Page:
Michael Grant's The Fall Of The Roman Empire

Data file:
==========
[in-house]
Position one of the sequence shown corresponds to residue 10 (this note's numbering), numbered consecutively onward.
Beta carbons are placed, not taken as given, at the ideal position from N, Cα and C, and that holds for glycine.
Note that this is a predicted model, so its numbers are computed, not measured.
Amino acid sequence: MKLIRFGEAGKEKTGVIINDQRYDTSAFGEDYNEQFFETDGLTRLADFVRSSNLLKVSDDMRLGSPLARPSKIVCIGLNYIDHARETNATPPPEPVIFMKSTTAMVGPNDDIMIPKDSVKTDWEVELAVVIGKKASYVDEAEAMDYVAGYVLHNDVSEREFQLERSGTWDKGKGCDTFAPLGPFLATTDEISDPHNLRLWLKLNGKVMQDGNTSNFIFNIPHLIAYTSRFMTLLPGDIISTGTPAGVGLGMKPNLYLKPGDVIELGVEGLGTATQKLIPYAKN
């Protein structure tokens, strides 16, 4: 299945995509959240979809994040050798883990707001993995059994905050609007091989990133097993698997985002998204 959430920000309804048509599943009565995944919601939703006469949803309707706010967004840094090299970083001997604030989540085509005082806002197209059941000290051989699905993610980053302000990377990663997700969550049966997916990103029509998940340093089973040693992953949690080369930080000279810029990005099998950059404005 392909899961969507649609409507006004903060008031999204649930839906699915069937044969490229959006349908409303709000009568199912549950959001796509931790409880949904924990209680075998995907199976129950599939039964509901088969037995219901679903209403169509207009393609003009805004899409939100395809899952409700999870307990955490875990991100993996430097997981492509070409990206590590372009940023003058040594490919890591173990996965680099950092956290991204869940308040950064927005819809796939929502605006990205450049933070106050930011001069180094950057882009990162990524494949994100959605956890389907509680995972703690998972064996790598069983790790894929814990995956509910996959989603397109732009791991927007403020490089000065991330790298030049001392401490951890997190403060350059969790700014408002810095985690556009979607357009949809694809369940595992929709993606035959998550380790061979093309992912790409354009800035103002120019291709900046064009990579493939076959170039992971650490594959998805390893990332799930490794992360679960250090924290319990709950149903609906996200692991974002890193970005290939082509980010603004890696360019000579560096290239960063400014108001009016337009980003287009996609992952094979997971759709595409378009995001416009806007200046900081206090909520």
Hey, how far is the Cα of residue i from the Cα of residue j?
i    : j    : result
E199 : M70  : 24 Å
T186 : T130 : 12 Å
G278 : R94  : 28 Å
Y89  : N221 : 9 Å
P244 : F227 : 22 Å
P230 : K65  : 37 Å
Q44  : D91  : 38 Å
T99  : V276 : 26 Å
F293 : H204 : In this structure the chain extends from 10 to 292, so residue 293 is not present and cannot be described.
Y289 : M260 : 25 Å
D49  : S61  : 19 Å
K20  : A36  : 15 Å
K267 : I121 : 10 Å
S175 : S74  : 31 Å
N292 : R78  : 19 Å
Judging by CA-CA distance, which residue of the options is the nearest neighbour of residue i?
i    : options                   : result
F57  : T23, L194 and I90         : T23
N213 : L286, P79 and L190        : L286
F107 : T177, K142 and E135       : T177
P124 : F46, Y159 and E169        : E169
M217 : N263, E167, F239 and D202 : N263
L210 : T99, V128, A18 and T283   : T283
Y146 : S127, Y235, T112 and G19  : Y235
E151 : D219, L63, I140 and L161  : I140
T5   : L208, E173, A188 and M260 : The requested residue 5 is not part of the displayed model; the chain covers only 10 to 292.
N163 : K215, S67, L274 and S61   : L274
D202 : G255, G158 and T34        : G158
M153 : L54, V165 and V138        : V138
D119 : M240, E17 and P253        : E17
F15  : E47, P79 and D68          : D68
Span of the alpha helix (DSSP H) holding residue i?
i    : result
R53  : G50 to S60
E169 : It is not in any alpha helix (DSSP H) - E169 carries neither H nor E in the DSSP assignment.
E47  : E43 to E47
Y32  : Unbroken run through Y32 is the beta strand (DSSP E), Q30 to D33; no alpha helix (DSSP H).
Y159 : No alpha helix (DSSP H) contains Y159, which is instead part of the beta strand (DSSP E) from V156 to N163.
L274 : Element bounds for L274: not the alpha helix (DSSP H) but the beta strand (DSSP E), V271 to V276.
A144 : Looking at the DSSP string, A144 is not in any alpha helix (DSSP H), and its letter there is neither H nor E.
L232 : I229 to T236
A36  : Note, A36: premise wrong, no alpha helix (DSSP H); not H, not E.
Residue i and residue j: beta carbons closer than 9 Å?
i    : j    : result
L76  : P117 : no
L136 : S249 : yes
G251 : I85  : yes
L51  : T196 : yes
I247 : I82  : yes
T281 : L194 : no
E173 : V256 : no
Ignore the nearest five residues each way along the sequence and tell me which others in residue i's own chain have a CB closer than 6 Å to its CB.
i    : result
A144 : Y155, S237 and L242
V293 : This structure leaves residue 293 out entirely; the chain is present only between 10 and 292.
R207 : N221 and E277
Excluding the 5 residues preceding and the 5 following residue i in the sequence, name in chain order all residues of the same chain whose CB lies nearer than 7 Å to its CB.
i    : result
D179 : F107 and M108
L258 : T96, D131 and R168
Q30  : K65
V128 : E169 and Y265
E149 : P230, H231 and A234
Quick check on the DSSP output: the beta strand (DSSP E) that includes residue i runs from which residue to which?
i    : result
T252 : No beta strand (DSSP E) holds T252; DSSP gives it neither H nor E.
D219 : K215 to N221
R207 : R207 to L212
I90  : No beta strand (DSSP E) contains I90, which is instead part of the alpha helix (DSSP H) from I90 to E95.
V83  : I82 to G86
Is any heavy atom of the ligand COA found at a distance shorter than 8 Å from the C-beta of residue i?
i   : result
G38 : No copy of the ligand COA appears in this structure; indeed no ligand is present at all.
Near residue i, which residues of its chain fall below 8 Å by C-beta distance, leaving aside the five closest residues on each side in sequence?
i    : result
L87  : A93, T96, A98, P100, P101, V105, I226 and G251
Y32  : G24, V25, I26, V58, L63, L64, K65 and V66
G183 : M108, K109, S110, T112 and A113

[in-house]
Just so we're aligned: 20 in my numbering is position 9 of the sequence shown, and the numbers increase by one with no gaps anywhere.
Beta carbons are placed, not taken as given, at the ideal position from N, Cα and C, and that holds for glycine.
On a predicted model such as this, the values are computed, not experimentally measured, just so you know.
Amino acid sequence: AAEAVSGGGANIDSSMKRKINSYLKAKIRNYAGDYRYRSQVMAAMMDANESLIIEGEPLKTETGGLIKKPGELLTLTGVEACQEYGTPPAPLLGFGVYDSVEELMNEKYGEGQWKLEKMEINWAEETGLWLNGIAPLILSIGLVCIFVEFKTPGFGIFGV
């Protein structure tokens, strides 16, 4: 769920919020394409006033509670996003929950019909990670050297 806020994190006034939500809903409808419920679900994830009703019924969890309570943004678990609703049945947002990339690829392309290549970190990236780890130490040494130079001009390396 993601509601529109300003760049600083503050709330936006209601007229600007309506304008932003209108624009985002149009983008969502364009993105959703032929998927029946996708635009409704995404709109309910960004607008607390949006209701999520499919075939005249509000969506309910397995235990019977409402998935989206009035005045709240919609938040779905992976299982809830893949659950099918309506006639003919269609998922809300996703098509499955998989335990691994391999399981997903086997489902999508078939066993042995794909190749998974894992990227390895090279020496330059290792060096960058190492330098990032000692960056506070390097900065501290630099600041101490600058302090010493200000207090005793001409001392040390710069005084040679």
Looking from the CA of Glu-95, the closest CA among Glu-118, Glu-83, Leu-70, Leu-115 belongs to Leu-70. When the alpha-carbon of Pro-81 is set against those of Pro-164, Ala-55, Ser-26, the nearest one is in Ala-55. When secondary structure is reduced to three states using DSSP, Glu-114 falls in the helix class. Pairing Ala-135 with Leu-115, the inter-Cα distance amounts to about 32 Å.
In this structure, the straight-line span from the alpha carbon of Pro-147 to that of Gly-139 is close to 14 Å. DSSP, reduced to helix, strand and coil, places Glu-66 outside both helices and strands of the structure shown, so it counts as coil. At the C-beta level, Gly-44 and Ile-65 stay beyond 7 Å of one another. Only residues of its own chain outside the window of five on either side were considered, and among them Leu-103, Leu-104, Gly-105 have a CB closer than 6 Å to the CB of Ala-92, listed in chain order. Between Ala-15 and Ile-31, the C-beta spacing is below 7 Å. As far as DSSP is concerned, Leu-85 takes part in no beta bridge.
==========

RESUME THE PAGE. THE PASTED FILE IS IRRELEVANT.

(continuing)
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As Rome’s government began to change, the leadership became much less consistent. According to a chart compiled from various resources that lists the Roman emperors between 235 BCE and 285 BCE (Document 1), a majority of these emperors ruled for roughly two to three years, however some reigned for as little as or less than a year and some as much as seven to eight years. This constant change in leadership left the Roman army questioning their leadership often times more devoted to their earnings than to the man paying them. These leaders became careless as time went on, as stated in Vegetius’ Concerning Military Matters (Document 2), and the conflicting and constantly changing opinions on military strategy left the rigor and morale of the army in shambles. He states “...because of negligence and laziness, parade ground drills were abandoned, the customary armor began to seem heavy since the soldiers rarely ever wore it. Therefore, they first asked the emperor to set aside the breastplates… and then the helmets.” Because of this, the Roman army fell easy prey to enemy archers. Additionally, not only were the Roman soldiers dying at a much higher rate, thus increasing the demand for soldiers, but the number of individuals affected by mandatory conscription was also decreasing.
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